As the parent of a preschooler and middle schooler, our house is often like a flea market on a hot Saturday morning: active, exciting, surprising and full of negotiation. I often think about how different our two daughters are, but as they grow through various developmental stages, in reality they are more alike than different.
In watching our preschooler operate at home and in school, I am always amazed with how her life at this stage is all about questions: “How does this work?”, “Why does that happen?”, “Did Santa come down the chimney or through the door?” The life of a preschooler is all about discovery. Most experiences are new, generating genuine questions about how things work. Preschoolers explore unabashedly, play, experiement and try things without inhibition. Their lives are fresh, their minds are curious and their days are filled with trial and error.
In thinking about middle school students, we sometimes assume that they, in fact, have these questions about life figured out. Presumably, they know where ice comes from, why cars need gas and why the moon changes size (all things four-years-olds wonder about), but in reality they are still in a very similar discovery mode. Their brains are developing, their questions about life remain, though the topics change, and trial and error are still a part of life.
As Anya Kamenetz reported in a recent NPR article, authors Melissa Tooley and Laura Bornfreund of the New America Foundation write that “schools should focus on these same [preschool] skills, habits, attitudes, and mindsets with older kids.”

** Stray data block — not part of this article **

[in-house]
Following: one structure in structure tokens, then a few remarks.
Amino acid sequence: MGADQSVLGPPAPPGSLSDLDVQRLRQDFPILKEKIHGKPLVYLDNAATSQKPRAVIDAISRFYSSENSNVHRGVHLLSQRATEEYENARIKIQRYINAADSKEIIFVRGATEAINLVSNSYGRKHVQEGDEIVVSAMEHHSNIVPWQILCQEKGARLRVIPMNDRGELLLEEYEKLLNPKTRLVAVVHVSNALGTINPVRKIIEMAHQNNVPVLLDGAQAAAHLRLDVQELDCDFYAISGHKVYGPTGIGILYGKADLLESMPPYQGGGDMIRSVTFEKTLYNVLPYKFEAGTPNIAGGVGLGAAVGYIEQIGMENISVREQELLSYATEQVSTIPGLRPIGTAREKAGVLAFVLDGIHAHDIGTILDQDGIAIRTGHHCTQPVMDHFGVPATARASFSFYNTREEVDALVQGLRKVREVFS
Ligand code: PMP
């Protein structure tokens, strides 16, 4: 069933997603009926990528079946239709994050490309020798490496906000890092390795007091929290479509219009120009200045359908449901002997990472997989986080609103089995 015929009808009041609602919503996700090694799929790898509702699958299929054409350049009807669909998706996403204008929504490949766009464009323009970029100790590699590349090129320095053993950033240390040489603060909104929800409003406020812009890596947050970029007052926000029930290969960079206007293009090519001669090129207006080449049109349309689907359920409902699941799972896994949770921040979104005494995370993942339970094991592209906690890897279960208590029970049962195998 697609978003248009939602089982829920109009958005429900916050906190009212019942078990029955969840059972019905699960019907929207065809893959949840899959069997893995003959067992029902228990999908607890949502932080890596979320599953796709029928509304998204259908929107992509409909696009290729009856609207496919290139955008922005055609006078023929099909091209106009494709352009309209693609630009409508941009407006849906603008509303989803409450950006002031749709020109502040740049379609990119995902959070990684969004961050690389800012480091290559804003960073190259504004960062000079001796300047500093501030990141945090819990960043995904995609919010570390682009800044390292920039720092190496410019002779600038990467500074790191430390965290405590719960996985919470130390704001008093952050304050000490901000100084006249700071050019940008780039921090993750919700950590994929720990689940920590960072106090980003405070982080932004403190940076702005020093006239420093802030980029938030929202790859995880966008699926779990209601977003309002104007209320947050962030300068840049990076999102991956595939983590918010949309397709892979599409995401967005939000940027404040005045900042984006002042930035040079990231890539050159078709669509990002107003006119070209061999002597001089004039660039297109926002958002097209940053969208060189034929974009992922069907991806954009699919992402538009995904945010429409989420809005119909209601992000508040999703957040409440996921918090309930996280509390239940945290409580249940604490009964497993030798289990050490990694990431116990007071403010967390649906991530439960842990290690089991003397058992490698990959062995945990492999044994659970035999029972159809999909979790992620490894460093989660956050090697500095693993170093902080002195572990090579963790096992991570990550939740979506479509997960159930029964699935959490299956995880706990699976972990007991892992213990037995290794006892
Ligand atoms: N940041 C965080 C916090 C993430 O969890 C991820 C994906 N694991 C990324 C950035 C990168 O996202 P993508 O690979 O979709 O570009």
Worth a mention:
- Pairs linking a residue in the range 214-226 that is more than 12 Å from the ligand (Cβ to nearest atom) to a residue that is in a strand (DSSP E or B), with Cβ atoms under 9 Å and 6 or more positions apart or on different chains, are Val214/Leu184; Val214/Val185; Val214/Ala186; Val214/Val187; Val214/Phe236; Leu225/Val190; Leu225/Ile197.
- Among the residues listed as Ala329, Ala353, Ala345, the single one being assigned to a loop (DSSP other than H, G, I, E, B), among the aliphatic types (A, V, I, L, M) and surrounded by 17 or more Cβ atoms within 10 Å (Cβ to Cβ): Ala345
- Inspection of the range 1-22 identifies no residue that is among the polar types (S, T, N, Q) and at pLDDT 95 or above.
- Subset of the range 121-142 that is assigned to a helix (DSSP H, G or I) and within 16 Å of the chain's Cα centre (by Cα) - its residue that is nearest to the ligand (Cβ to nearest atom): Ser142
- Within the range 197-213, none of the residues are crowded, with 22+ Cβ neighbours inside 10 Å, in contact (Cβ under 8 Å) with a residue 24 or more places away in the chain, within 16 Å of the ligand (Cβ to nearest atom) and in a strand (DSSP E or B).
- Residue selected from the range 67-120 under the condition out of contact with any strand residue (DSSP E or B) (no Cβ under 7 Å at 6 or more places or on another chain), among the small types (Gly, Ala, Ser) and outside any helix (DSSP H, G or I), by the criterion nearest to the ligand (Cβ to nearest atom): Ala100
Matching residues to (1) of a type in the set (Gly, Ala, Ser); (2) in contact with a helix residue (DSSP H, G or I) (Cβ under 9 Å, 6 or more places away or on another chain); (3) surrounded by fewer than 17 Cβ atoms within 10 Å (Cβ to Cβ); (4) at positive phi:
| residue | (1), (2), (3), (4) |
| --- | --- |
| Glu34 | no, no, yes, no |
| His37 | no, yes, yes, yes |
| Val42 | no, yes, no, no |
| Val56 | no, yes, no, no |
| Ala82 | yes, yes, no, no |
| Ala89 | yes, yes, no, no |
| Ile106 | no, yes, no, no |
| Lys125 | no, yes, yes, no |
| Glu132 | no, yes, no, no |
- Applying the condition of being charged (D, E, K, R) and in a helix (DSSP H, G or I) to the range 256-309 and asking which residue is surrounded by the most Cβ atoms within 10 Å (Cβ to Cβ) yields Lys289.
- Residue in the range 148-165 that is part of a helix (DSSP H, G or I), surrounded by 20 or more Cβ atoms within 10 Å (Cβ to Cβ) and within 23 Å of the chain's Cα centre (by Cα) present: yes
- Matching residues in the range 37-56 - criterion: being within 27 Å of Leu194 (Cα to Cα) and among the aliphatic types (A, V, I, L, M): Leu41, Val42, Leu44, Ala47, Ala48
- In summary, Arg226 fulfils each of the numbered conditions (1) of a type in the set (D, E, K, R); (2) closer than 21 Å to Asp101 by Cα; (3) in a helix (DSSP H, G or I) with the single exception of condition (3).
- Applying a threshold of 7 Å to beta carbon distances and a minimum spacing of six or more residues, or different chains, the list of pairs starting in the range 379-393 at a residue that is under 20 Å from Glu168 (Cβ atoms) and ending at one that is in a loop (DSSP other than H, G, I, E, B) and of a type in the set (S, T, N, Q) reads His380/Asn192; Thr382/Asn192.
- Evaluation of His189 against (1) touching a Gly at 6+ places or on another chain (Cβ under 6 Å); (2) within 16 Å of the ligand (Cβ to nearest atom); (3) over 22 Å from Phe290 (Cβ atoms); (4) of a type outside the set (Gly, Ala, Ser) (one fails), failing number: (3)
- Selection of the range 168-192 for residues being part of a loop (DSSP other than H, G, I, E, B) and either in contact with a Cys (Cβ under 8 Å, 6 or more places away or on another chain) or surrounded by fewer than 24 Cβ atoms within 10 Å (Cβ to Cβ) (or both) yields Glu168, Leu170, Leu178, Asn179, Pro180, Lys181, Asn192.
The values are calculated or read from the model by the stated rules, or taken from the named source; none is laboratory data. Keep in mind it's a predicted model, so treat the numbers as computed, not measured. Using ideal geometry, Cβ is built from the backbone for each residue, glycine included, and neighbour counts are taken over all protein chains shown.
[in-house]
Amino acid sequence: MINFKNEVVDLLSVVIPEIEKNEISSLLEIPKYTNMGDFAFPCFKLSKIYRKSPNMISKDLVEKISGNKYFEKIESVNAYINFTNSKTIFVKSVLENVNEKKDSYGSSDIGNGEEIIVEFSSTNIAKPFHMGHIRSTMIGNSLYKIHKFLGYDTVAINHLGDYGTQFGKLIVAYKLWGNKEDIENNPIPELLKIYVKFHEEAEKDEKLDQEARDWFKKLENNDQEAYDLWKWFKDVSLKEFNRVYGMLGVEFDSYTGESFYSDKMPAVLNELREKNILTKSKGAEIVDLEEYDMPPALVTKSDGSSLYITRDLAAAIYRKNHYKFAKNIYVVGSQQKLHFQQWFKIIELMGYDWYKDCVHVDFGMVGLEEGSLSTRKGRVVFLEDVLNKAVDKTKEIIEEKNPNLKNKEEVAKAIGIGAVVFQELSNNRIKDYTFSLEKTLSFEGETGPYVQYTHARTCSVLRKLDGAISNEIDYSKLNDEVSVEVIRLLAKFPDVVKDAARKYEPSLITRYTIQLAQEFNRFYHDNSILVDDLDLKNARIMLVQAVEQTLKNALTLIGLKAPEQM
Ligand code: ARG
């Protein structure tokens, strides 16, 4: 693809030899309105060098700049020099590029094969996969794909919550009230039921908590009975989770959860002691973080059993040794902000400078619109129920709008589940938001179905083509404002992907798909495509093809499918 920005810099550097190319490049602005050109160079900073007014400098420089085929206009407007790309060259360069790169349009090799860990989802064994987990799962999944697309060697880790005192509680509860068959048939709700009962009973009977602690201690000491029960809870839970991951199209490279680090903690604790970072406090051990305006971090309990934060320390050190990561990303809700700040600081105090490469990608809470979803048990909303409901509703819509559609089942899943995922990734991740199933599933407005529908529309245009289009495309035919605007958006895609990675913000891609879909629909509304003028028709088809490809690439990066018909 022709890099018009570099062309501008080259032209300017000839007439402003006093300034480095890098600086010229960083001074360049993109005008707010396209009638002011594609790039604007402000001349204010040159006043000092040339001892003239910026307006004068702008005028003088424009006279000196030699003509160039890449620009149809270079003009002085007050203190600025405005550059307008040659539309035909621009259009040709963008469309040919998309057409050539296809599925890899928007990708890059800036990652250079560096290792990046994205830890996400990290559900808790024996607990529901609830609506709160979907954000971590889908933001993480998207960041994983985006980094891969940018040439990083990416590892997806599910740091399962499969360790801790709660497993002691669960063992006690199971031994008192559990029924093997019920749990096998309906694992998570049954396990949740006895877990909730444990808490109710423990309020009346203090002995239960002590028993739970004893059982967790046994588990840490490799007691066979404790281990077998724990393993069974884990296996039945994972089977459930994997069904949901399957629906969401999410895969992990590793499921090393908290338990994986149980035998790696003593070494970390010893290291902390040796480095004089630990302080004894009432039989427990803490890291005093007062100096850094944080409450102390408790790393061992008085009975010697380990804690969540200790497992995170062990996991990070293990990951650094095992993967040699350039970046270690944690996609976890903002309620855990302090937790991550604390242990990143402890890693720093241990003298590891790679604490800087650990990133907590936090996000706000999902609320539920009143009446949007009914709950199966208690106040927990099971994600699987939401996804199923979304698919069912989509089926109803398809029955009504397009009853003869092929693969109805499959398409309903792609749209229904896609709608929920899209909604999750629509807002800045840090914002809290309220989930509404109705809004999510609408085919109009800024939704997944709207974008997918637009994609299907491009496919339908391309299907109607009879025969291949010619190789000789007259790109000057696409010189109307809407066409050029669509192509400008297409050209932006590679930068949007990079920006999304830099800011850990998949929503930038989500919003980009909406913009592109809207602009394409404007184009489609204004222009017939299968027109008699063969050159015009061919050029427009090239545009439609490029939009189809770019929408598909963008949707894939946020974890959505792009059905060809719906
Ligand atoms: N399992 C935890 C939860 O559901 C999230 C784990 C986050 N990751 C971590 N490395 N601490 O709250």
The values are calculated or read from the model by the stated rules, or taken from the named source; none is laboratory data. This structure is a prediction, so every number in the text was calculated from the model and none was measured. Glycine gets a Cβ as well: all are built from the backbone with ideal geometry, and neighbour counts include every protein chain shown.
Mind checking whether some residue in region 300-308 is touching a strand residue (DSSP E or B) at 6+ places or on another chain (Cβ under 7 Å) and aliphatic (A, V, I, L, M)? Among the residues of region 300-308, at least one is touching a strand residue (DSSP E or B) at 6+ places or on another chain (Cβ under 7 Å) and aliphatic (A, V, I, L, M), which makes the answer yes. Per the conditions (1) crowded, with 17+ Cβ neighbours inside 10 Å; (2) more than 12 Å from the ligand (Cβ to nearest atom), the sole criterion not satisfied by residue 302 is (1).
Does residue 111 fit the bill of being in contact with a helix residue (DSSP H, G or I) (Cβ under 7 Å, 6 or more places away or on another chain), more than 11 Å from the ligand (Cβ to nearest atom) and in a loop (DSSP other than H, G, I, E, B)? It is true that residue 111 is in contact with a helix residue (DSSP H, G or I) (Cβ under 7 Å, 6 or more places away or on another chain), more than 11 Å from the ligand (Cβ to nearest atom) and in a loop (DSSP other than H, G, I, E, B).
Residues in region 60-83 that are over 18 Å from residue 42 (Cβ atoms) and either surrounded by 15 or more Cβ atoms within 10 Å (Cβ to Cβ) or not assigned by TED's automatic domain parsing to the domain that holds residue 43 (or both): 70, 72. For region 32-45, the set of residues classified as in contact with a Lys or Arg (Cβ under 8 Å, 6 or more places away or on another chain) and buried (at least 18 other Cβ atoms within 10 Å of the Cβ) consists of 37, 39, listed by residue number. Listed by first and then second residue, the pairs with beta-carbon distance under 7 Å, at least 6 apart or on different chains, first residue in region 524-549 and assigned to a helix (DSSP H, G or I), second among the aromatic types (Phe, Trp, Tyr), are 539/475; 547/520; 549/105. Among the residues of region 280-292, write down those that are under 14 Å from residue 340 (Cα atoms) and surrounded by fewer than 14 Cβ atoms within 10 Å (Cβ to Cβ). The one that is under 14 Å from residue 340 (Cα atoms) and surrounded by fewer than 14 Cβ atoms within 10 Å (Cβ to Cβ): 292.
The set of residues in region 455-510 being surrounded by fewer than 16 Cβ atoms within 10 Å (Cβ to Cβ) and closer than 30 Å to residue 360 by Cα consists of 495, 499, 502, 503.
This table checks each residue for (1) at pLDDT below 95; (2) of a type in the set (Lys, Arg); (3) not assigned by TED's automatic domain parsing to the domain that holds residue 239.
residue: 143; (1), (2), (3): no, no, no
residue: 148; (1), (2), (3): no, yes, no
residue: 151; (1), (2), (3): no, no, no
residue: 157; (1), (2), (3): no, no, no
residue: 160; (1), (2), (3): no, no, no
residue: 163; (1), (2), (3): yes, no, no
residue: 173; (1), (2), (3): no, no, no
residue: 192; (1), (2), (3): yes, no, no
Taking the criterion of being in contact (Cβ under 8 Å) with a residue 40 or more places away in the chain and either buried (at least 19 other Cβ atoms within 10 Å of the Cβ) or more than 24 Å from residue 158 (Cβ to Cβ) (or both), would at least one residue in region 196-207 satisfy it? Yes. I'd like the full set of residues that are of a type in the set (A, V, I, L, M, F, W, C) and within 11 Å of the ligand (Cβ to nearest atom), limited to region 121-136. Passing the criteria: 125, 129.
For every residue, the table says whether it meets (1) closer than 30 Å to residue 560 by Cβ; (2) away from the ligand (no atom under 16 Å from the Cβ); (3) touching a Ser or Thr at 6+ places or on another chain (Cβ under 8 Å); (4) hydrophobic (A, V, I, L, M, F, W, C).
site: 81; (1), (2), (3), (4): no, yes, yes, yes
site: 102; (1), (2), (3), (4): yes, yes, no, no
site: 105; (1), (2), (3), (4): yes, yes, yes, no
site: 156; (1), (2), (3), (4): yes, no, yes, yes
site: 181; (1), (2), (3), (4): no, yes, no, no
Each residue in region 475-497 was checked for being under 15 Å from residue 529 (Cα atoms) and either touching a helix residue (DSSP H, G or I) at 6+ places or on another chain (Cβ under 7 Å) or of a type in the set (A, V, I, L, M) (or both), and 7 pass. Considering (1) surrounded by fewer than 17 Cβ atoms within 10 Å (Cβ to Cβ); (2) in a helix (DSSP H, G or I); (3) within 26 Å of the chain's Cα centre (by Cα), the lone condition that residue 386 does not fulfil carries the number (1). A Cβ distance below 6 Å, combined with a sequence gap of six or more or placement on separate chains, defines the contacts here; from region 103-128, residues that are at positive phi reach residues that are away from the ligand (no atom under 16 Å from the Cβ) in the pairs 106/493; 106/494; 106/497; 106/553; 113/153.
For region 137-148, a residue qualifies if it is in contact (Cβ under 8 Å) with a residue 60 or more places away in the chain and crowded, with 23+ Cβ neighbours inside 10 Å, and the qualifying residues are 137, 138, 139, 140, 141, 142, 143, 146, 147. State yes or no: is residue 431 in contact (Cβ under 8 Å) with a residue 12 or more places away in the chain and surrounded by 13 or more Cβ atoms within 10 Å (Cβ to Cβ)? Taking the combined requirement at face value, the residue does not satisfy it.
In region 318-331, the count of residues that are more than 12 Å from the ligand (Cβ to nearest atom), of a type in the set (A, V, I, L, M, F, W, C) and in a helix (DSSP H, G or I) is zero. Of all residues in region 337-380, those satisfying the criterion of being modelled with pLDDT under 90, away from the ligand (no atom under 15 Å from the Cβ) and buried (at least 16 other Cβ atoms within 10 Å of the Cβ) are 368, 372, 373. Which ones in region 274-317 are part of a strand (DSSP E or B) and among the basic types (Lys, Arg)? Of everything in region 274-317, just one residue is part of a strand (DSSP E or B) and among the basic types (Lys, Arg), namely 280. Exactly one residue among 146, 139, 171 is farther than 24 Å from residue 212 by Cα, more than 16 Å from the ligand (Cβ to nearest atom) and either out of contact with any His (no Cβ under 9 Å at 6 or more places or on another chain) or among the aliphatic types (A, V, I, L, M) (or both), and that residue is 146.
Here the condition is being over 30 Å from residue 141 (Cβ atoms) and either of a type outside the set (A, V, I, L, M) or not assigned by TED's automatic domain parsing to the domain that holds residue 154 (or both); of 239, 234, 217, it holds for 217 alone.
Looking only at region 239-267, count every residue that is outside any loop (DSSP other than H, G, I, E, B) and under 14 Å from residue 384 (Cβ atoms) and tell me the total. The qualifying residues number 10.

The challenge with middle schoolers is that they are older and living in bigger bodies. Therefore, we often forget that they surely don’t have it all figured out. In addition, the onset of puberty brings along physical, social and emotional changes that often get in the way of that unapologetic exploration we see in preschoolers.
As children grow, we must present high expectations for them, model integrity, and define structure and organization. When they do not meet those expectations, we need to find healthy ways to hold them accountable. Yet, we must remember that middle schoolers—just like preschoolers—are indeed trying to figure things out. It’s just that middle schoolers are grappling with more sentive and difficult topics such as relationships, empathy, identity, equity and social justice. These conversations are much more challenging than a conversation about why the sky is blue, but the concept of discovery remains the same.
As 2015 kicks into gear, my household certainly is already at max speed. Having two seemingly different kids with ostensibly different needs creates excitement similar to that of a night at the roller-derby, but—as I have come to see—they are not so different after all. For me, thinking about the life of a middle schooler through the lens of a preschooler actually brings some clarity to the sometimes cloudy, confusing, yet exhilarating world of adolescence.
Enjoy the New Year, and here’s to a happy, healthy year full of inquisition and discovery for your middle school child!
Kamenetz, Anya. “What Every School Can Learn From Preschoolers.” NPR, November, 2014.
January Book Recommendation from Kyle (for adults)
Strayed, Cheryl. Wild: From Lost to Found on the Pacific Crest Trail. Knopf, 2012.
Gill St. Bernard’s is a private, coeducational day school for students age three through grade 12, located in suburban New Jersey. Each of the three school divisions provides a vigorous, meaningful and age-appropriate curriculum, and all students benefit from the environmental learning opportunities that exist on our 208-acre campus.